WNC to lose $9 million in mental health funding

The North Carolina General Assembly has proposed cutting millions of dollars in mental health funding in the recommended 2019-20 budget despite ongoing efforts to fight the opioid crisis and improve these services in rural Western North Carolina. 

Region gathers to find recovery solutions

More than 150 leaders from Cherokee, Clay, Graham, Haywood, Jackson, Macon and Swain counties in North Carolina gathered Aug. 16 in Bryson CIty for the 7 County Western North Carolina Community Summit to discuss strategies about how to collectively create better cooperation in their efforts to encourage lifelong recovery for those suffering from substance use abuse and dependence.

Fair time for future farmers

For many people the county fair conjures up images of Ferris wheels, carnival games and cotton candy, but here in Western North Carolina the annual events represent a time of year when the region’s agricultural roots get to take center stage. 

Of course there will be the beloved fair foods, carnival rides and children giggling on the Ferris wheel, but there will also be hundreds of gardeners, farmers, agricultural students and others signing up to show off their prized plants, produce and cattle.

A new state park: Funding and opening Pisgah View State Park will be years-long process

A new state park has been created in Buncombe and Haywood counties following Gov. Roy Cooper’s signature on a state Senate bill July 19, but it will be years before Pisgah View State Park will bridge the gap from concept to reality. 

Forced to Fight: Opioid data puts local addiction in context

It was finally moving day, and that empty little Greensboro apartment must have seemed like a mansion to 29-year-old Clayton Suggs. 

Fitting, the lack of furnishings; the whole thing was a blank slate, a new start.

The pulse of the community: Local pediatrician retires

Dr. Stephen Wall couldn’t have come to Waynesville at a better time. 

“There were four pediatricians in Haywood County, and three of them retired all at the same time,” said Wall. “So Dr. Bob Earnest recruited me and another guy, Dr. Garnet Maharajh, to join Haywood Pediatrics, which he started two years prior, in 1987.”

A festival that all of WNC should embrace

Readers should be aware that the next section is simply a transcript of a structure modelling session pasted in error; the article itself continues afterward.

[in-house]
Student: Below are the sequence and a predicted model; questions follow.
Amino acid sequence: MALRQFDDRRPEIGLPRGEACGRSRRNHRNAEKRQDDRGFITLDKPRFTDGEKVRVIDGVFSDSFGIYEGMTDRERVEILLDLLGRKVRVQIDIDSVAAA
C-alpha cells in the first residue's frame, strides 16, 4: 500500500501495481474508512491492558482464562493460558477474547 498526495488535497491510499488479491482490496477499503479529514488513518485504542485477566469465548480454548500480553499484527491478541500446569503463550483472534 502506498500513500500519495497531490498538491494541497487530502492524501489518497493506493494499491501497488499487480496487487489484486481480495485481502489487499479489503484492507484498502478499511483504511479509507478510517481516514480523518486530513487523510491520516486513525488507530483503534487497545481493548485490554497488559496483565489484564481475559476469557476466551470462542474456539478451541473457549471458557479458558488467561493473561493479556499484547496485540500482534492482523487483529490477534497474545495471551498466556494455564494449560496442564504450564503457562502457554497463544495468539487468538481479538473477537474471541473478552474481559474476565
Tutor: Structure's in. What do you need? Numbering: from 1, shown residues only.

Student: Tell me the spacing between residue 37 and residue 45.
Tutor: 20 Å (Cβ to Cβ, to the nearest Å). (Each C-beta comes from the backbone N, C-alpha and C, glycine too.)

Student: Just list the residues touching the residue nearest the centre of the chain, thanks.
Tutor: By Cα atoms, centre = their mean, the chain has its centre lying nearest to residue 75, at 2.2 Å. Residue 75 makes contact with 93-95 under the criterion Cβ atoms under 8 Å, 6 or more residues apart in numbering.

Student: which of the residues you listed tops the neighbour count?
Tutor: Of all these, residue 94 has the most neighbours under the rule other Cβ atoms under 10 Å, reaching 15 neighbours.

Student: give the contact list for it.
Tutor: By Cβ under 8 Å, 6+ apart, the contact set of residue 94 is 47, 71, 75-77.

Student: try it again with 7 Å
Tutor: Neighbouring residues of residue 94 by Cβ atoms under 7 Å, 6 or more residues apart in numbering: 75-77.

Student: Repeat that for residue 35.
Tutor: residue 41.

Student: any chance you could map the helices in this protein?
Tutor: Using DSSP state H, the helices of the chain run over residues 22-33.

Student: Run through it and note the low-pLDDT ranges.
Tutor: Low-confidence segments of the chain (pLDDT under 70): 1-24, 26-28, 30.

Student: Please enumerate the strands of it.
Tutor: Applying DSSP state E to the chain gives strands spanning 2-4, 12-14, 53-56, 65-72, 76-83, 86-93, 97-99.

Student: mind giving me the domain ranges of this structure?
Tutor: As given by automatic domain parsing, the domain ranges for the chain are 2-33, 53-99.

It’s fascinating to watch a cultural arts organization grow up, mature, get a little long-in-the-tooth, and then re-define itself to adjust to a changing world. That’s exactly what is happening with Folkmoot, which is now in its 36th year in Western North Carolina.

And what about that mission statement above. In these times when politicized culture wars and presidential twitter tantrums divide us, here is an arts organization whose very existence is based on trying to build bridges and foster international understanding. Folkmoot avoids politics, but now more than ever its mission is relevant and necessary.

Not the same ole song and dance: Folkmoot finds success in year-round programming, preserving legacy

In its 36th year of cultural exchange through song and dance, Folkmoot remains a moving target, one that constantly evolves in its programming, but never once forgetting its core values.

Lightning in a bottle: Greensky Bluegrass captures inspiration at Echo Mountain

Bordering the bustling Patton Avenue in downtown Asheville, you wouldn’t know where Echo Mountain Recording is unless you were told. 

An old church turned into a state-of-the-art production studio, the property is purposely minimal, this sort of physical doorway into a melodic universe of potential and possibility. 

Rural WNC fights for Medicaid expansion

Only $80 stands between Sylva resident Carrie McBane and affordable health care coverage. If she made $80 less she would qualify for Medicaid in North Carolina, and if she made $80 more she would qualify for subsidies through the Affordable Care Act. 

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